The Use Of Doping And Performance Enhancing Drugs Among Athletes
With sports, it’s always about the battle of the best. There is quite a lot at stake for professional athletes; the winner wins big, and the losers remain on the sidelines. These are among the reasons why professional athletes, or athletes in general, turn to performance enhancing drugs to boost their chances of winning. Muscle cells are those that take raw materials, oxygen, and glucose, and turn them into energy. With training, the ability of the body to deliver oxygen to the cells is improved, increasing average muscle size. Better athletic performance comes with more efficiency and power in completing these processes. Moreover, increasing the number of red blood cells in the body increases the body’s ability to deliver oxygen to its cells and tissues, where blood doping and performance-enhancing drugs are used. 'Doping” refers to an athlete’s use of prohibited drugs and methods to improve performance. Steroids are among the drugs used in doping, but there are also many other kinds such as, stimulants, hormones, diuretics, narcotics, and marijuana, alongside prohibited methods such as blood transfusion or gene doping. Studies have found that as many as 1 in 20 teenagers reportedly use steroids to increase muscle mass. Additionally, according to the Health Research Funding Organization, in 2010, 1.75% of all doping samples from sports players around the world came back with adverse findings. Since the 2004 Olympics, the number of adverse findings has almost doubled in the athletes that were tested.
Arguably the most widely talked about athlete to take performance enhancing drugs is Lance Armstrong, a former professional road racing cyclist infamous for the biggest doping scandal in cycling history. He began as a triathlete in the early '80s, and began winning various cycling competitions starting 1993 with CoreStates United States Professional Championship, and Tour de France, Tour DuPont in 1995 and 1996. After recovering from testicular cancer and various brain surgeries in 1996, he was able to maintain his athletic performance, winning again in 1998 at the Tour of Luxembourg, seven straight Tour de France titles from 1999 to 2005, and a Bronze medal at the Sydney Olympics in 2000. He was first accused of doping in 2005, and was officially charged in 2012. Armstrong won the hearts of many as a cancer survivor. Many chose to believe his feats as inspirational, and never would have thought that his wins were actually doctored. Among common performance enhancers is creatine, a supplement for a naturally occurring compound in the body. Anabolic steroids, a synthetic version of the hormone testosterone, are also quite common. According to data, more than half of those tested positive for enhancers, 50.6%, were positive for anabolics. Steroid precursors, among others, are substances that the body converts into anabolic steroids. Last, among the most common are erythropoietin (EPO), a hormone produced by the kidneys. Lance Armstrong used a cocktail of drugs such as testosterone, cortisone, human growth hormones, and blood booster EPO. EPO is a hormone produced by the kidneys, but can be artificially produced and injected under the skin to stimulate red blood cells, to delay fatigue, and to increase endurance, usually used by long-distance runners.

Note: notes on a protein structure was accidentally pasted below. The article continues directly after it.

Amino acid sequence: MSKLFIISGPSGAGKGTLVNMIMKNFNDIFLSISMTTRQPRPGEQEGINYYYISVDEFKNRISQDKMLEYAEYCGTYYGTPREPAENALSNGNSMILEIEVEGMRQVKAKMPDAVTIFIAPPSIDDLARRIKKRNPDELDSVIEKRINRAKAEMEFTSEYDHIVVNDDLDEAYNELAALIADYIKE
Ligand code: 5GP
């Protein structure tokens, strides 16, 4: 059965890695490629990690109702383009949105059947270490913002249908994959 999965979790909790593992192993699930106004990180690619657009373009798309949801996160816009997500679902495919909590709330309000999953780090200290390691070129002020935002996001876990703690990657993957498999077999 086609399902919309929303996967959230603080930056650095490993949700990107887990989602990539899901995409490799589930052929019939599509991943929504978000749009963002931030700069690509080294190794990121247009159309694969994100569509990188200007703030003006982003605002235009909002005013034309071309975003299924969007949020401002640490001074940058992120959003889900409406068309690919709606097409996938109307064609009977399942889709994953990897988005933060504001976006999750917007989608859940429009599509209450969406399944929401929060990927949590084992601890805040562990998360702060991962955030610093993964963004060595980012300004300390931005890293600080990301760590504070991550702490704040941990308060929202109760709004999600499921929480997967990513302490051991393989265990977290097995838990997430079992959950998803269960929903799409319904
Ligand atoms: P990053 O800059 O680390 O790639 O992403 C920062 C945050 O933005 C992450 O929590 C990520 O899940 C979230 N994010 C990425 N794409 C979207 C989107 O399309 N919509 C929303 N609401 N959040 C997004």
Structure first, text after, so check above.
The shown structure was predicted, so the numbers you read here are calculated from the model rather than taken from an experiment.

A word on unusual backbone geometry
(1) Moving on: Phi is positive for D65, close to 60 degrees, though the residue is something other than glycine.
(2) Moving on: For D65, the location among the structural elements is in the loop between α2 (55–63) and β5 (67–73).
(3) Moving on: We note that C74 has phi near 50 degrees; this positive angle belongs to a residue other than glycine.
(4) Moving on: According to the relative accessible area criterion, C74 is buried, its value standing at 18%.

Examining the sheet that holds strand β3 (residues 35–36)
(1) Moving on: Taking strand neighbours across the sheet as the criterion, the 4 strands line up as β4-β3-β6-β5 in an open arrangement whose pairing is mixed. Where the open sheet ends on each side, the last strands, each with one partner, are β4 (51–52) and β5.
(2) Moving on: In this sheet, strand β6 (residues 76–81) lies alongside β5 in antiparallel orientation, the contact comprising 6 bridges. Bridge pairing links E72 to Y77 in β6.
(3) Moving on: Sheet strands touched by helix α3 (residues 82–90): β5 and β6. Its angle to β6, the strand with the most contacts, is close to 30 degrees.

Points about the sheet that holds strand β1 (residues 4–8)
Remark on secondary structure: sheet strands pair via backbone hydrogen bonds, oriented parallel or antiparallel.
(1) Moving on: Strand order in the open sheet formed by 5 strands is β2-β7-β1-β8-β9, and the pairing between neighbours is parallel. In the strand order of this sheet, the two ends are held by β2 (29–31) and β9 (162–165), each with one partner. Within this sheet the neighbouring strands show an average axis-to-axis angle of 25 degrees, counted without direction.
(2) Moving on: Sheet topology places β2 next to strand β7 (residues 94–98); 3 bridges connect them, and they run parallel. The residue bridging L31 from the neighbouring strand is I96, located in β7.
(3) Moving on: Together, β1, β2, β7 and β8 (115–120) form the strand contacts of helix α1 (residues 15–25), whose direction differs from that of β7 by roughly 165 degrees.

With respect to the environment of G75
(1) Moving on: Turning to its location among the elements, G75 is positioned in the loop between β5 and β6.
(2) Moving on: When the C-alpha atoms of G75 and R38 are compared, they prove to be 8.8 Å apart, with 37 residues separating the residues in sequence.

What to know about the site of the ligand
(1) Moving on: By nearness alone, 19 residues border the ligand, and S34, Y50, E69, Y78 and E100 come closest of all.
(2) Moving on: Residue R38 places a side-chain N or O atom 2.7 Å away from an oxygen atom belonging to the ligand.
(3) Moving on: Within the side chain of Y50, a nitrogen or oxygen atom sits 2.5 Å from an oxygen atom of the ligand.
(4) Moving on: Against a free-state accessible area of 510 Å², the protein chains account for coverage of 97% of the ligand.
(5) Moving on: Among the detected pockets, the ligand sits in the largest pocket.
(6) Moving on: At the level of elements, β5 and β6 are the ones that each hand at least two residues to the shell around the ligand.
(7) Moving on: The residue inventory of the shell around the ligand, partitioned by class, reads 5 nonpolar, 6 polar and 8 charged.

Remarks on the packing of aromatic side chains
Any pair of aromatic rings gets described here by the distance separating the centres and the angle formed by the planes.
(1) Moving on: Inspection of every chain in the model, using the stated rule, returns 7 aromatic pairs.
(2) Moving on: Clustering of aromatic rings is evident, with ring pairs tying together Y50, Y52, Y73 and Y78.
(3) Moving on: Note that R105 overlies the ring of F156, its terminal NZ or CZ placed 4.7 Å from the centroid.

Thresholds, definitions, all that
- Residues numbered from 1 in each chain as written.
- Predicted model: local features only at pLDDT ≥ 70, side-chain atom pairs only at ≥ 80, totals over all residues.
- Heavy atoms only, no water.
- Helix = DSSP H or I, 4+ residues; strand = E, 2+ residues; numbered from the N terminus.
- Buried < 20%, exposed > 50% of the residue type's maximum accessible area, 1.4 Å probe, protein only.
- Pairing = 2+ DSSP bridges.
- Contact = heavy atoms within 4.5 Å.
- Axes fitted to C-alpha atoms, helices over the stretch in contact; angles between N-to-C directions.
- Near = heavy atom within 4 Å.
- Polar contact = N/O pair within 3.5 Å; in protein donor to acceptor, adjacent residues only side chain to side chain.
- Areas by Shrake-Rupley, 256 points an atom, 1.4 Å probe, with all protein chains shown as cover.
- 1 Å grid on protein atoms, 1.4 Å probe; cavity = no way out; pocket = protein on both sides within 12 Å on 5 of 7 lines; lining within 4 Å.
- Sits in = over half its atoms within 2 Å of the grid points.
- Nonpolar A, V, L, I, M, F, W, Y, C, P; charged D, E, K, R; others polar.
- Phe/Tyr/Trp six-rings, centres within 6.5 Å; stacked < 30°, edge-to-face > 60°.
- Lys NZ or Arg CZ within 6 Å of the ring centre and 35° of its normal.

Tests in Australia have shown improvements in an athlete’s performance from 4 weeks worth of use compared to performance improvements that would’ve taken several years. Although the EPO drug is a hormone that is naturally produced in the body, injecting this thickens the blood, and could stop the heart from beating when the body is inactive or slowed down. Likelihood of suffering blood clots, heart attacks, and strokes increase upon usage. From data published by German researchers, Franke & Berendonk, authors of Clinical Chemistry in 1997, a ‘mediocre’ shot of steroids on an athlete drove improvement by 17% in one season. This athlete went on to become a world record holder. EPO greatly improves performance during cycling according to laboratory trials in a 2007 article published in the European Journal of Applied Physiology. 16 cyclists were studied for 13 weeks, split into groups with placebo injections and doses of EPO. Pre-tests showed V02 max tests averaging 3.90L/minute, which is the maximum amount of oxygen the body can use during periods of intense exercise. Results after using EPO showed time to exhaustion improved by 54% from 22 minutes to 33.5 minutes, and a peak power output growth of 13% from 330W to 374 W in the first 4 weeks of trial. Although this study showed improvements in performance, the results may come out different should an elite player be tested. An elite player with peak power output of 500W, with a bump of power output to 565W, would only show a 13% increase.
EPO is by far not the most widely used drug among so many more, and numerous others currently being developed. 50% of professional athletes have influenced their friends’ decisions to use anabolic steroids. Steroid users often end up taking 10 to 100 times more than the prescribed amount by a physician, and many of the drugs used as enhancers are addictive, which can cause withdrawal symptoms. Even if these enhancers improve performance, is it worth it at the expense of a professional career, reputation, or even a life?